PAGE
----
Friday, December 16, 2011

Keeping debt to income ratios in perspective

By Mark Kerzner
President, TMG The Mortgage Group

While there have been multiple rounds of credit tightening in the last few years and countless comparisons to the U.S. housing meltdown, it’s important to also look at the underlying health of our lending and credit markets.

This is especially relevant in light of recent news articles again indicating that the amount of household debt is “triggering alarms” (http://www.theglobeandmail.com/globe-investor/personal-finance/household-finances/record-high-household-debt-in-canada-triggers-alarm/article2269210/). While it’s true that our debt to income ratios are at record levels (>150%), it’s also important to keep perspective.

Let’s look at the facts:

  1. Serious delinquency rate in Canada is approximately 0.4% versus 4.1% in the U.S. according to economist Benjamin Tal
  2. Currently 1.1% of Canadian houses are experiencing negative equity versus approximately 22% in the U.S. (Benjamin Tal)
  3. Even though 22% of Canadian mortgages have amortizations greater than 25 years, 36% of all mortgage holders made voluntary supplemental payments in 2011 (CAAMP Fall survey)
  4. While total debt (mortgages, lines of credit, credit cards, etc) to income ratios in Canada have hit 150%, average mortgage interest rates this past year were 3.92% (30 basis points below a year earlier.
  5. The most common use for funds taken from equity take-outs (refinances) in the past year is debt consolidation and repayment which reduces other forms of debt. Contrary to the concerns of some, by using a mortgage as a debt consolidation tool, total servicing debt costs are often reduced. This gives clients a potential strategy for reducing their total outstanding debt by using excess cash flow to more aggressively pay down that debt.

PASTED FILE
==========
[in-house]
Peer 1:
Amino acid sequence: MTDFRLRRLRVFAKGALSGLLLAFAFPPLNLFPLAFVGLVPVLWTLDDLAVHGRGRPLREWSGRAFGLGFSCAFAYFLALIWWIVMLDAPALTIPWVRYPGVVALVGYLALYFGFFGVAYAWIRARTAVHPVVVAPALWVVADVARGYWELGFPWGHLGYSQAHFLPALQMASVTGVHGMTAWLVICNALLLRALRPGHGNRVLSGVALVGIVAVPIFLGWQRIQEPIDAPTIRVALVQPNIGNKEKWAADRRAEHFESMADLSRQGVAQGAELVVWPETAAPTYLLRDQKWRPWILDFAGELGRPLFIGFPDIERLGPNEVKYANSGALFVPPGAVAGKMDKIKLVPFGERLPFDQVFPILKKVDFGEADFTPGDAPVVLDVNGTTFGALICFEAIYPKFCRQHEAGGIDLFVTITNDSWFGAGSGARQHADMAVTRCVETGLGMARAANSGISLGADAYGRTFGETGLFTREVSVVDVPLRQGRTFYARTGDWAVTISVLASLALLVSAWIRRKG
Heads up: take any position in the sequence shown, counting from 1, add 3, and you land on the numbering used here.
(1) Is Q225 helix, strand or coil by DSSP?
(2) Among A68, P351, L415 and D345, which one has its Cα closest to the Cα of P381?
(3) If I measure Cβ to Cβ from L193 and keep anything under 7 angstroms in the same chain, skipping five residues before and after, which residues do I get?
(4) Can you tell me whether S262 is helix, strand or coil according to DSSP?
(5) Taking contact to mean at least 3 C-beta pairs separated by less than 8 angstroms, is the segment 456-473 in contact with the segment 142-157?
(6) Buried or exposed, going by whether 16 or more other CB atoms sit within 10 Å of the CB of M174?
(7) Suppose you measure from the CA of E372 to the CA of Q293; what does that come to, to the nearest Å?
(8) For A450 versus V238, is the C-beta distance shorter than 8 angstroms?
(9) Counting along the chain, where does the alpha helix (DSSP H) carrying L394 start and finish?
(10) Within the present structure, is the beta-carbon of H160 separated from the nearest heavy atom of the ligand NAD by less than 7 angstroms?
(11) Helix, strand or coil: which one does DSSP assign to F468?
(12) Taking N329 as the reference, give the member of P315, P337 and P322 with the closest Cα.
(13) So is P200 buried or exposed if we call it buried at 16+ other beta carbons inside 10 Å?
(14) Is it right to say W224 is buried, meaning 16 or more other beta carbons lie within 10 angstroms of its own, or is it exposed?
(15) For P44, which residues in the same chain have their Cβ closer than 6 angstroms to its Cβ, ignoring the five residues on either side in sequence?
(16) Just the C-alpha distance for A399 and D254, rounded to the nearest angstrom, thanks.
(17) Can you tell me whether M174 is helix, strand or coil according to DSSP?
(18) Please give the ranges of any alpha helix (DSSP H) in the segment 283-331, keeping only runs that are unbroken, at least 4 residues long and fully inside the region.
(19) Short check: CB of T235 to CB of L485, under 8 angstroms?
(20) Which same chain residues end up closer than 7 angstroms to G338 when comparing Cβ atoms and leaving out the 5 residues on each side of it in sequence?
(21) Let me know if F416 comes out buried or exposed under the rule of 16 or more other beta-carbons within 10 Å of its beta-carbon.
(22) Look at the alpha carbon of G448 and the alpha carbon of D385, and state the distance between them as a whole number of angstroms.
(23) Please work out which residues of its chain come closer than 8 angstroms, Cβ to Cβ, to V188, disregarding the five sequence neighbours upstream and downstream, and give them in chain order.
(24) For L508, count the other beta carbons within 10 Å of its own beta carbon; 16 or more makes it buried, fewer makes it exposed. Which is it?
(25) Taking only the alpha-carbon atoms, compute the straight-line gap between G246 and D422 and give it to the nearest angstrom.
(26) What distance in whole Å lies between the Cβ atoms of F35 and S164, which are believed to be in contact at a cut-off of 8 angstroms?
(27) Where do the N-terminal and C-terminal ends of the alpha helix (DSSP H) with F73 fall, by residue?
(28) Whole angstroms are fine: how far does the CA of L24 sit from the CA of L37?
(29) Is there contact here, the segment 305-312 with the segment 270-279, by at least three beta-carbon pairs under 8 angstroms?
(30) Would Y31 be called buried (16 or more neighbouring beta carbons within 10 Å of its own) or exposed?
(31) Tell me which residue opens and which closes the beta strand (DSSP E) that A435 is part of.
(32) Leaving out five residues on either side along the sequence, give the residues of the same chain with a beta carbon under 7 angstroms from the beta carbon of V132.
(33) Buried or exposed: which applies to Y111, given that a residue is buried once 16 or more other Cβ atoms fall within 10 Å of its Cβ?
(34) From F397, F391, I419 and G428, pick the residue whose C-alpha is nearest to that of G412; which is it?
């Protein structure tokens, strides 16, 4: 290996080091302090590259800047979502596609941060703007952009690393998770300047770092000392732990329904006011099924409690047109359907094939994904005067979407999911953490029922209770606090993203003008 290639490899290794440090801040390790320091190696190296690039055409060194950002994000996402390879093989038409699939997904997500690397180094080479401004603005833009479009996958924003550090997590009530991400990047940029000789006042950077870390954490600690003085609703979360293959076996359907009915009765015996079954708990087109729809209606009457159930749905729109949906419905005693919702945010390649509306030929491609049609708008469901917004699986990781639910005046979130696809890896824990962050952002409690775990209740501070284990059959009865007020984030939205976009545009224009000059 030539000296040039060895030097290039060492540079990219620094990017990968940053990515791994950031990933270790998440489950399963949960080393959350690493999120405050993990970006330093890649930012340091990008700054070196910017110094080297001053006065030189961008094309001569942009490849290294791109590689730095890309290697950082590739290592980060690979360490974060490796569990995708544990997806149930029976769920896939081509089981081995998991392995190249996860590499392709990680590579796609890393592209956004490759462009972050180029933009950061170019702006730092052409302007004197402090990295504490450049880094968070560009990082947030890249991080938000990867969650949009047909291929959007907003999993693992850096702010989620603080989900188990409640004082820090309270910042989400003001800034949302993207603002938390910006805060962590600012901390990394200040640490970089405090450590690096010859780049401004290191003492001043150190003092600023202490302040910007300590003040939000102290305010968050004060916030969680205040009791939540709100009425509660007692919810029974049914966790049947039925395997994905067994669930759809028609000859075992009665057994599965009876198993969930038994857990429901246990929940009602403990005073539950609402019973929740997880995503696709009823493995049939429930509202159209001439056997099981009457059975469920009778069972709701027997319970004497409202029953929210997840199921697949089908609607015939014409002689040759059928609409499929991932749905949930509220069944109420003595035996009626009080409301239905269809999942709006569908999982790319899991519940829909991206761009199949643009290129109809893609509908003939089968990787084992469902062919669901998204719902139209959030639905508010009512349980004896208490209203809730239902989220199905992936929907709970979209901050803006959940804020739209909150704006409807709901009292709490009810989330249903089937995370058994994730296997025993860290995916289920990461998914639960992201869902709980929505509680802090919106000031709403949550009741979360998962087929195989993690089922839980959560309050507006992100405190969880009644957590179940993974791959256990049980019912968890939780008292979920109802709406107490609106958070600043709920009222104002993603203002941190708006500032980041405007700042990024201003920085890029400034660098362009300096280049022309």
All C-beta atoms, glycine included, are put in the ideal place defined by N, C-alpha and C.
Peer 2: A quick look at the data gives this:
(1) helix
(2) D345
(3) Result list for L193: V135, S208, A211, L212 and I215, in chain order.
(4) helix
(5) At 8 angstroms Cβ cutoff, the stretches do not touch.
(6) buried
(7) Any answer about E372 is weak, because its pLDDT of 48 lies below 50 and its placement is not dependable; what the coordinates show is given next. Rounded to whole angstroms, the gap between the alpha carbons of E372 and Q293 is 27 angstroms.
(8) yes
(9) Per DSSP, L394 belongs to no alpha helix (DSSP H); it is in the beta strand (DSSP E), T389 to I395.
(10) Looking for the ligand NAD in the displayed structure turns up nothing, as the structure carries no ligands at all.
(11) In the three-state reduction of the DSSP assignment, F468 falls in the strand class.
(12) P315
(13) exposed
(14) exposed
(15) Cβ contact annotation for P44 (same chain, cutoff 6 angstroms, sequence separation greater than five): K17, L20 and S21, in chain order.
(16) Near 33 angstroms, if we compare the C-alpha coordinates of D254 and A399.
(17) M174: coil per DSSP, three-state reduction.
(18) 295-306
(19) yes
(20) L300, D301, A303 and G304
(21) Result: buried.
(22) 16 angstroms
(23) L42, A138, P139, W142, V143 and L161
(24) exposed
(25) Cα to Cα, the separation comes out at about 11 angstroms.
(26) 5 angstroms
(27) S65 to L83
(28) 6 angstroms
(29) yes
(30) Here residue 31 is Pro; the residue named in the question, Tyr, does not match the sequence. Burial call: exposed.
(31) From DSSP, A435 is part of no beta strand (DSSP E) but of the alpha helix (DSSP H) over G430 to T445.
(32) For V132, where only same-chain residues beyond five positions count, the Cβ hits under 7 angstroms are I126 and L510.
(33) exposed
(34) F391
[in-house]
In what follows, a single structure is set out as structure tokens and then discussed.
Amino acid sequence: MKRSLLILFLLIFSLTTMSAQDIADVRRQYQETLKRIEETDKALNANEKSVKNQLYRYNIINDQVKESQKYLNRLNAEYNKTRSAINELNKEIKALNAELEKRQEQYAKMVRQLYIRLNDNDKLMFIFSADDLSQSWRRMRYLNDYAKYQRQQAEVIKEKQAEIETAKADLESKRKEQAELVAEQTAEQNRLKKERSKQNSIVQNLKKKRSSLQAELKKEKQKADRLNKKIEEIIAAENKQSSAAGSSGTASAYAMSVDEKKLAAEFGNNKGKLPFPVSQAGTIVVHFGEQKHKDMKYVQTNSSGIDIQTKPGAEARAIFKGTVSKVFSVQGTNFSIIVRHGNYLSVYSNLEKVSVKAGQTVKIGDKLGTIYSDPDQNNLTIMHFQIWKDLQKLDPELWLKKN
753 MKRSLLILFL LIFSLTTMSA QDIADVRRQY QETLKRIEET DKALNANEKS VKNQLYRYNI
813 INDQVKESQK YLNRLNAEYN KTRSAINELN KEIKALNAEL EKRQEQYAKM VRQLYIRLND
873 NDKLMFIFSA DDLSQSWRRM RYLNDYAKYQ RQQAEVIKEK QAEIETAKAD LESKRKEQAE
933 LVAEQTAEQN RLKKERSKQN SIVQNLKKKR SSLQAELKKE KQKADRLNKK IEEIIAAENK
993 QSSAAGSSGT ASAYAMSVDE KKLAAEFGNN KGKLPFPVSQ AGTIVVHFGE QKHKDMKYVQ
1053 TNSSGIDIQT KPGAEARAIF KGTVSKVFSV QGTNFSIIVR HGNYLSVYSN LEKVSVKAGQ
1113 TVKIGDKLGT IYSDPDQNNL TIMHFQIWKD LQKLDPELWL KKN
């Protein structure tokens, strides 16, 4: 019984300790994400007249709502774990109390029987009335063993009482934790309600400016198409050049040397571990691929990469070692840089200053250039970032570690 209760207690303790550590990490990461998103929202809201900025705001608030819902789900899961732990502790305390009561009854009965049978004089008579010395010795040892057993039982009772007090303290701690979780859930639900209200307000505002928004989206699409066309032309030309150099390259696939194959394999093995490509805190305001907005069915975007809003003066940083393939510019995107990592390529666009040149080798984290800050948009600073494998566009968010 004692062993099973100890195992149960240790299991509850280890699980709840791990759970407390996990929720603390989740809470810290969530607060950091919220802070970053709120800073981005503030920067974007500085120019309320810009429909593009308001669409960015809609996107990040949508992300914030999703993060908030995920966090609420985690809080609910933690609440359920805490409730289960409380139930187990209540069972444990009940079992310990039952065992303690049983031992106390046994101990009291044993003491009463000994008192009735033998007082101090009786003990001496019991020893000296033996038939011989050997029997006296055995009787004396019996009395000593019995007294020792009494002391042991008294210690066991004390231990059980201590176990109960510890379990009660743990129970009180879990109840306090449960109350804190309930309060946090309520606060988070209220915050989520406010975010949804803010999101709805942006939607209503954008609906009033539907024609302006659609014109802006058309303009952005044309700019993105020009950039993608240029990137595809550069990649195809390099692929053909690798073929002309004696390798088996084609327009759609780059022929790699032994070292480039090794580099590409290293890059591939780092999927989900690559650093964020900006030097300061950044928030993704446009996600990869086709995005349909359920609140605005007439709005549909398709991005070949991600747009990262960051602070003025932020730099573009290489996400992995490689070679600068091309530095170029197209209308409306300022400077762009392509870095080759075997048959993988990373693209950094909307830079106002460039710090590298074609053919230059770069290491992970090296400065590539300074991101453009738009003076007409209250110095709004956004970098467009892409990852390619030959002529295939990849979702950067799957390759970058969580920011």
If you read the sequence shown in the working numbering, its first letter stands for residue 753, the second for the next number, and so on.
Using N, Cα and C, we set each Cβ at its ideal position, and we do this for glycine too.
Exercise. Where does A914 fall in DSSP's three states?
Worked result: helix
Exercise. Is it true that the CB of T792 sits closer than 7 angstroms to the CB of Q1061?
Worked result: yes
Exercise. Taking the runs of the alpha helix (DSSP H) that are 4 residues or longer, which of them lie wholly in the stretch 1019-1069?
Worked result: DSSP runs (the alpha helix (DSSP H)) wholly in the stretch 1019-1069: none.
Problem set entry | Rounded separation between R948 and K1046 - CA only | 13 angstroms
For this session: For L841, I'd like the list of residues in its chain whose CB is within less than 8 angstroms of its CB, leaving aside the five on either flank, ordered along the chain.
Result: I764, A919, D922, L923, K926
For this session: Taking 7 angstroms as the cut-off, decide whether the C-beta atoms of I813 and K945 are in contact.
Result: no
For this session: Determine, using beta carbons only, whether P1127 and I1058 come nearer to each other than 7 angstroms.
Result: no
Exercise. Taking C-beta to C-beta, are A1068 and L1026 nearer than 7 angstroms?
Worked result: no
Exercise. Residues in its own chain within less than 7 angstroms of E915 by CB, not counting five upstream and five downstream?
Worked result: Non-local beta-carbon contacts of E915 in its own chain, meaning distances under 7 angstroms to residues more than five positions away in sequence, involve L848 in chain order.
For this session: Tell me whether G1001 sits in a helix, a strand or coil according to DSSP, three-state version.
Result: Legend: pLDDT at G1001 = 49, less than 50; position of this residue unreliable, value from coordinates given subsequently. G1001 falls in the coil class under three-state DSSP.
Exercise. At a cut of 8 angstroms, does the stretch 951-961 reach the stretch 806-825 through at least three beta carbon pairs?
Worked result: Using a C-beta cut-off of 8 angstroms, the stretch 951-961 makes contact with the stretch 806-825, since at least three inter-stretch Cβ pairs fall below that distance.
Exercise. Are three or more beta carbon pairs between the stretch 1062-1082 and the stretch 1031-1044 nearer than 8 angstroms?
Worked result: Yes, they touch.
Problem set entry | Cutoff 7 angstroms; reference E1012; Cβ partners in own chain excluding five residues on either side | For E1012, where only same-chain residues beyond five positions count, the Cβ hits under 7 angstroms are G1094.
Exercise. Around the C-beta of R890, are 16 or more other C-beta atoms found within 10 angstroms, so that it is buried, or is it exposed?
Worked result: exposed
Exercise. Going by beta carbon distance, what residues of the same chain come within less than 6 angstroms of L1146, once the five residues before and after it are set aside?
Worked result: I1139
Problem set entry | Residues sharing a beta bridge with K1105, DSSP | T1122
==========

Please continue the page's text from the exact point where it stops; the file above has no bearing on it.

6. The Government has established a benchmark for qualifying mortgage customers at higher rates if they are taking an Adjustable Rate or a Term less than 5 years. On average that benchmark rate (average 5.38% in 2011) has been 1.46 points higher than the 5-year discounted rates and 238 bps higher than PRIME, which is currently at 3%.  This means clients who have chosen ARMs or terms less than 5 years have built in some buffer in the event interest rates do rise prior to renewal or during the term.
It is widely expected that during the course of present term mortgages, rates are likely to increase prior to renewal dates. Keep in mind that if interest rates rise, it is often correlated to a stronger economy. With a stronger economy comes improved employment levels and earnings.

While many are predicting an eventual increase in interest rates the current consensus based on Canadian economic forecasts and the European economic crisis is that rates are likely to stay low here in Canada for some time.  That is the dilemma. What is needed is more spending and less saving but not via increased credit which is difficult to achieve. The bank will have to run the risk that credit growth will continue so long as interest rates stay at these low levels.

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